|Publication number||US7260379 B2|
|Application number||US 11/095,610|
|Publication date||Aug 21, 2007|
|Filing date||Apr 1, 2005|
|Priority date||Sep 12, 2002|
|Also published as||US6885859, US20040053609, US20050181760|
|Publication number||095610, 11095610, US 7260379 B2, US 7260379B2, US-B2-7260379, US7260379 B2, US7260379B2|
|Inventors||Jeyhan Karaoguz, Nambi Seshadri|
|Original Assignee||Broadcom Corporation|
|Export Citation||BiBTeX, EndNote, RefMan|
|Patent Citations (12), Non-Patent Citations (36), Referenced by (2), Classifications (24), Legal Events (2)|
|External Links: USPTO, USPTO Assignment, Espacenet|
This application is a continuation of U.S. application Ser. No. 10/314,311, entitled “Apparatus for Controlling and Monitoring a Wireless Hot Spot Through an Interface with a Cellular Telephone Network,” filed Dec. 9, 2002 now U.S. Pat. No. 6,885,859 The subject matter of this earlier filed application is hereby incorporated by reference.
1. Field of the Invention
The present invention relates to devices and networks that utilize wireless computer networks and methods of controlling the operation of wireless computer networks. The present invention further relates to methods and networks that allow for a wireless hotspot location to be controlled and monitored through an interface with a wireless telephone network. Additionally, the present invention also simplifies the process by a wireless telephone provider to open wireless hotspots to better serve customers of wireless computer networks.
2. Description of Related Art
The emergence of wireless hotspots has increased the mobility of wireless users and allowed mobile users to access resources without requiring a physical connection to a main network. Many of these wireless hotspots have appeared in many locations, including coffee shops and libraries, and allow users with wireless communication equipment to be connected. These locations that provide the access do so to attract customers or, as in the case of libraries, because they see such access as an extension of their public interest. However, the equipment, monitoring and access services are not free and the provider of the hotspot has to bear the burden of those expenses. As an example, a T-1 digital connection can cost approximately $1000 per month at 2002 rates to provide such a level of service. If the expansion of wireless hotspots is to continue so that they become ubiquitous, one possibility is for the persons using the hotspots should take up some portion of the costs.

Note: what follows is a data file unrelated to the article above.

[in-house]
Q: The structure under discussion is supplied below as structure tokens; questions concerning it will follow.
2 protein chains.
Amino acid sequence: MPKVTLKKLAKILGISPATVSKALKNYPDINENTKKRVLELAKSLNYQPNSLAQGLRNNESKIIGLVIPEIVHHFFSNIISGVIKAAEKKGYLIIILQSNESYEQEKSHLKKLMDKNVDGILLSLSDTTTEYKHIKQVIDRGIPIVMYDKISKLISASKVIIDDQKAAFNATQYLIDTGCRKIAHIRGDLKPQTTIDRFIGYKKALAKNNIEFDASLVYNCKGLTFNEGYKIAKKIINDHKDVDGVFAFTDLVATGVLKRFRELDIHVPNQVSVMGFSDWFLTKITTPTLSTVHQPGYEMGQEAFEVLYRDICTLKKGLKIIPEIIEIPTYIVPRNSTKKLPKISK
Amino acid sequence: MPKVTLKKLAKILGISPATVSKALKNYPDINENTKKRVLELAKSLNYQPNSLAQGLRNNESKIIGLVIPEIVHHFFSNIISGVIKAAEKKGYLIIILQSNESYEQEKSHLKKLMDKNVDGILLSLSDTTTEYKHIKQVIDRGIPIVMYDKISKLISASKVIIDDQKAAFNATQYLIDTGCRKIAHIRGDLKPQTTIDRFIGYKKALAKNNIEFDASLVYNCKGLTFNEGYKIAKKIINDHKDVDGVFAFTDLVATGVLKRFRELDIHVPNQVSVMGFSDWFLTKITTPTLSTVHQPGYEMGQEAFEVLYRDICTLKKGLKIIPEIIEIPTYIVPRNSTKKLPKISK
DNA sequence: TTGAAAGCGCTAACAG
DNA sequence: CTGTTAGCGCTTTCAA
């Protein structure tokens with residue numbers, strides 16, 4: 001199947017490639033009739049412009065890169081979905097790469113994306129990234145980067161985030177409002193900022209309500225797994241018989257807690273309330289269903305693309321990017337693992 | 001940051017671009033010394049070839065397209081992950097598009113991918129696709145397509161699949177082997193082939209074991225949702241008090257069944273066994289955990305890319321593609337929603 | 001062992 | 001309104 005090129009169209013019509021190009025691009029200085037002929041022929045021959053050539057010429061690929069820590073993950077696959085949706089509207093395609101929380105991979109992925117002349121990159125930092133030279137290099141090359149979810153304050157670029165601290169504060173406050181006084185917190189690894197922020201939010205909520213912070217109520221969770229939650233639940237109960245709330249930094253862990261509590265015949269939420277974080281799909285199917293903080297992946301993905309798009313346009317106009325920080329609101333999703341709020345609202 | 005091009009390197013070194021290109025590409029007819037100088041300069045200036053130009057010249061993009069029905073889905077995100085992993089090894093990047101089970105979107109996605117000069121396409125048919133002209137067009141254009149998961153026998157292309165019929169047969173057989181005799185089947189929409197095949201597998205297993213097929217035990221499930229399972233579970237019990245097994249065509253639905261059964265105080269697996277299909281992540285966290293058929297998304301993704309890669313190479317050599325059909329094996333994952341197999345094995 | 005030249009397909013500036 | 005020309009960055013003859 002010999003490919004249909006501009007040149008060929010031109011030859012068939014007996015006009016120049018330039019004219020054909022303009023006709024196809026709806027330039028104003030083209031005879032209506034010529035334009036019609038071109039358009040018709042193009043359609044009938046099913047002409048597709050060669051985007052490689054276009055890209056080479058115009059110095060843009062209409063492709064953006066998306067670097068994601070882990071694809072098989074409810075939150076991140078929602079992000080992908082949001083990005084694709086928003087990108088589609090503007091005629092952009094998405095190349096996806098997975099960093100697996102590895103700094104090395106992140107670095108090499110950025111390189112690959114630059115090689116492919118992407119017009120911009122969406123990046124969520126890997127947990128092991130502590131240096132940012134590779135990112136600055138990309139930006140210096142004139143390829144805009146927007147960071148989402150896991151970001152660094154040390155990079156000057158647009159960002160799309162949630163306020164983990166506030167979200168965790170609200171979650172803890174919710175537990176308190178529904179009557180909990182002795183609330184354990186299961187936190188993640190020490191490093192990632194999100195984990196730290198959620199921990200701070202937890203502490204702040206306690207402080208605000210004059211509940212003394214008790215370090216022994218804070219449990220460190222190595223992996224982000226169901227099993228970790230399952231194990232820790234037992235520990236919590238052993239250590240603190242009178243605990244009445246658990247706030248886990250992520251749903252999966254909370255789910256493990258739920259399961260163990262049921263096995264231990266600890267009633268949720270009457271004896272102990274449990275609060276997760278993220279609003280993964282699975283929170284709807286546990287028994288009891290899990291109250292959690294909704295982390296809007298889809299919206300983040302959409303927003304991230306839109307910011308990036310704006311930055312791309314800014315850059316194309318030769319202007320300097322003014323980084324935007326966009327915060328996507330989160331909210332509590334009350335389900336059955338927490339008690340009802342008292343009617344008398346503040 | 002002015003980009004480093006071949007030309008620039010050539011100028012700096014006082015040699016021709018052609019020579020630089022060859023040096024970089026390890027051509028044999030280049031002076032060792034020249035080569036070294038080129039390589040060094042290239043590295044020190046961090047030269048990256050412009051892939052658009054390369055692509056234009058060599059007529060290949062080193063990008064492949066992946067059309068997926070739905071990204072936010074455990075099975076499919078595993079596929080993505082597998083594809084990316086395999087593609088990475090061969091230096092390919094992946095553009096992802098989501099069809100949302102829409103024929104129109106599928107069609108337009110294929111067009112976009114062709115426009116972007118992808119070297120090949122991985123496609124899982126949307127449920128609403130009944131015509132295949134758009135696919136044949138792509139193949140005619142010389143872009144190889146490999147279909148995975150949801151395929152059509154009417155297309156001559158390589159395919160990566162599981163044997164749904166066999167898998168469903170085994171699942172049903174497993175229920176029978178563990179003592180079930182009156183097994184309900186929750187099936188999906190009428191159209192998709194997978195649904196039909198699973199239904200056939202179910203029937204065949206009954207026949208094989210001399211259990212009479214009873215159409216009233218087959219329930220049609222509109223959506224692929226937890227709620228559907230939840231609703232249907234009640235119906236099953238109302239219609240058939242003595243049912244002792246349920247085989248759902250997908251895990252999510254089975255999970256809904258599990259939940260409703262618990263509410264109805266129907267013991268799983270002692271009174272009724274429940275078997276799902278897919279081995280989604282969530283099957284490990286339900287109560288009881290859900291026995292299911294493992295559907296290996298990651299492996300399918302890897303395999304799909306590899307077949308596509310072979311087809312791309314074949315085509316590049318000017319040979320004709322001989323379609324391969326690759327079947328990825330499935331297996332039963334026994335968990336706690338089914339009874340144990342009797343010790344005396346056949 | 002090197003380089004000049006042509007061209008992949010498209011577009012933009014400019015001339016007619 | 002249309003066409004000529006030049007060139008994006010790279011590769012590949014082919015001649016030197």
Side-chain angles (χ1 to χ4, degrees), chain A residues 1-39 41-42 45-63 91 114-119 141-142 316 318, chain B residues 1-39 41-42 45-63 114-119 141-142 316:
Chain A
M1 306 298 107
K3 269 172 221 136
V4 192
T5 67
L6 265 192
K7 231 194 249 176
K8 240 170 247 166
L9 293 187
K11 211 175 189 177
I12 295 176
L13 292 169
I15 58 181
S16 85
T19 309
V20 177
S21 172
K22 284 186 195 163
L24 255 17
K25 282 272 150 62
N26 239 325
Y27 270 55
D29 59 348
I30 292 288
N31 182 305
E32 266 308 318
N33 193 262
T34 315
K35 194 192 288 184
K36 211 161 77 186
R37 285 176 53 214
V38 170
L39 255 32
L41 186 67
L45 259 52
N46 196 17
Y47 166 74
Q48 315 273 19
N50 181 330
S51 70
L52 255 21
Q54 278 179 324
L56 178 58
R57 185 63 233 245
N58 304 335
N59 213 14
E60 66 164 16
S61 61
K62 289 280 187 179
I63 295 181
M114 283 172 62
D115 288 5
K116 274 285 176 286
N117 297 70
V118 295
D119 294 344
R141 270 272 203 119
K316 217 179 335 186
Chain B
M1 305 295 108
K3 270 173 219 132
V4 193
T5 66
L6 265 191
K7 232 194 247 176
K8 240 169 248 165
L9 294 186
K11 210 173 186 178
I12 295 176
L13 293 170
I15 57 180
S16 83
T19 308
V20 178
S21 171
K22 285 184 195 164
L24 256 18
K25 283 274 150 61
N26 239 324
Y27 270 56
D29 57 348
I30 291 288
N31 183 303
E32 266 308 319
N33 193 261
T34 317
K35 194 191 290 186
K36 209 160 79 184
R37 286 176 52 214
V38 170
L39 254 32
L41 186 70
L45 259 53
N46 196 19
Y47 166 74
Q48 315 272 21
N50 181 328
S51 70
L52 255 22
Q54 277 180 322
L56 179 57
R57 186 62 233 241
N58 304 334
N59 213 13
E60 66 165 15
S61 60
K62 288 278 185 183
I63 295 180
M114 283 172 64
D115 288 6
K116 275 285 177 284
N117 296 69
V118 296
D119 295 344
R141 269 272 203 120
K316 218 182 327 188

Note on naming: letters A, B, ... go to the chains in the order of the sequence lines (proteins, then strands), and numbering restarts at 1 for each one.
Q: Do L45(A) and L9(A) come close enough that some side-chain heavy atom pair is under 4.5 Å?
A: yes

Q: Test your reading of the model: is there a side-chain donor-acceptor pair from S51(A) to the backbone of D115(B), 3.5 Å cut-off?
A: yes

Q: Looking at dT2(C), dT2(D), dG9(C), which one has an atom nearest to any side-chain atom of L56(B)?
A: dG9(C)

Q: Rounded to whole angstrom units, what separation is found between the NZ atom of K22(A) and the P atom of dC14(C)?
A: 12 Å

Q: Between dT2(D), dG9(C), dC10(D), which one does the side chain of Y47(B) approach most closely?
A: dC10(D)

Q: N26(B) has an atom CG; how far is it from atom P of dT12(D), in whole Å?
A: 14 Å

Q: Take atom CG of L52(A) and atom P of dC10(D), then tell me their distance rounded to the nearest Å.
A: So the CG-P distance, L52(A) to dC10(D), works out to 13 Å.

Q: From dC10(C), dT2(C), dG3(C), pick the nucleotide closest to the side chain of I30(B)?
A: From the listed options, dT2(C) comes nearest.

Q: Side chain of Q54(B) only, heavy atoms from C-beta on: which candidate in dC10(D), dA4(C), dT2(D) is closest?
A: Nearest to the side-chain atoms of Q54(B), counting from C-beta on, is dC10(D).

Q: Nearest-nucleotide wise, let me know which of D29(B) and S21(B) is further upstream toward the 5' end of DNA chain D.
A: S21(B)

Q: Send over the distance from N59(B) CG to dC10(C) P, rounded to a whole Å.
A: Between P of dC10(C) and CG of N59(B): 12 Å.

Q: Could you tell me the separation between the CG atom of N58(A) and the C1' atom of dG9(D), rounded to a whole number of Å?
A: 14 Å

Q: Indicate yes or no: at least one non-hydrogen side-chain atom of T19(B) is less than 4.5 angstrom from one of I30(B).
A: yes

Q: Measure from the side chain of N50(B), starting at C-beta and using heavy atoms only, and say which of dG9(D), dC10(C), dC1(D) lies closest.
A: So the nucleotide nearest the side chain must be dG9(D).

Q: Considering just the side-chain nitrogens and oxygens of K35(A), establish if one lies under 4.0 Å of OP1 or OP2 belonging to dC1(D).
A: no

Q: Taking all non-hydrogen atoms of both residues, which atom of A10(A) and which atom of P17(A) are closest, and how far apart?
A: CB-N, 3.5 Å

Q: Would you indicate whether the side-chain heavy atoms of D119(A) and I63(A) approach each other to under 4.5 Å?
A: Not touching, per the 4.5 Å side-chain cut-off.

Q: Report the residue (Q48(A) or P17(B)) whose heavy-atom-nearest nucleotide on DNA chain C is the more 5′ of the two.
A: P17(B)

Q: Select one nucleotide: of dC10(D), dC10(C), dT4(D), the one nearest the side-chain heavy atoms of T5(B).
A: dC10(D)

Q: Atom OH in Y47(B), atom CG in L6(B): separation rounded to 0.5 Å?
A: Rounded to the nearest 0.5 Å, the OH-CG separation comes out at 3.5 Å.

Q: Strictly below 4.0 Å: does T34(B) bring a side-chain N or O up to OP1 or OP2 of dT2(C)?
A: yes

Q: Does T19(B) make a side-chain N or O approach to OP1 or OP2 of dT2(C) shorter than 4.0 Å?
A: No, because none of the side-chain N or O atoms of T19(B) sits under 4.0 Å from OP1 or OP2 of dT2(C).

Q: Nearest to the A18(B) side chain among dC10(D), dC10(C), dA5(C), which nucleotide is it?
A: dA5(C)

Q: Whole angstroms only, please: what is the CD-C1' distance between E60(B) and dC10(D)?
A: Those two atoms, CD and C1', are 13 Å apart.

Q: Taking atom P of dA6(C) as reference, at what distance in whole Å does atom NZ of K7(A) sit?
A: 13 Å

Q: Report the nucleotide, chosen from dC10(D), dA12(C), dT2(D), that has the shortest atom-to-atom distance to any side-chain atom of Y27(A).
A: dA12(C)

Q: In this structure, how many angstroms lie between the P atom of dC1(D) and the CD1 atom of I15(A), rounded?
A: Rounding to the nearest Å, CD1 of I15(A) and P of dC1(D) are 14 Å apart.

In addition, there is also a “chicken or the egg” type problem with wireless access. While the number of users of wireless devices is not high, establishments do not generally have any incentive to provide wireless service for a small number of users. Similarly, while the number of establishments offering wireless services is small, users of the wireless devices don't not generally have any incentive to sign up for those services if they are available in only a few places. One entity that has an incentive to expand the use of wireless devices, such as laptop computers and mobile multimedia gateways, is an entity, such as a wireless telephone service provider, that already provides wireless telephone service to the users. Thus, wireless telephone services may have an incentive to make general wireless devices as ubiquitous as wireless telephones are in 2002.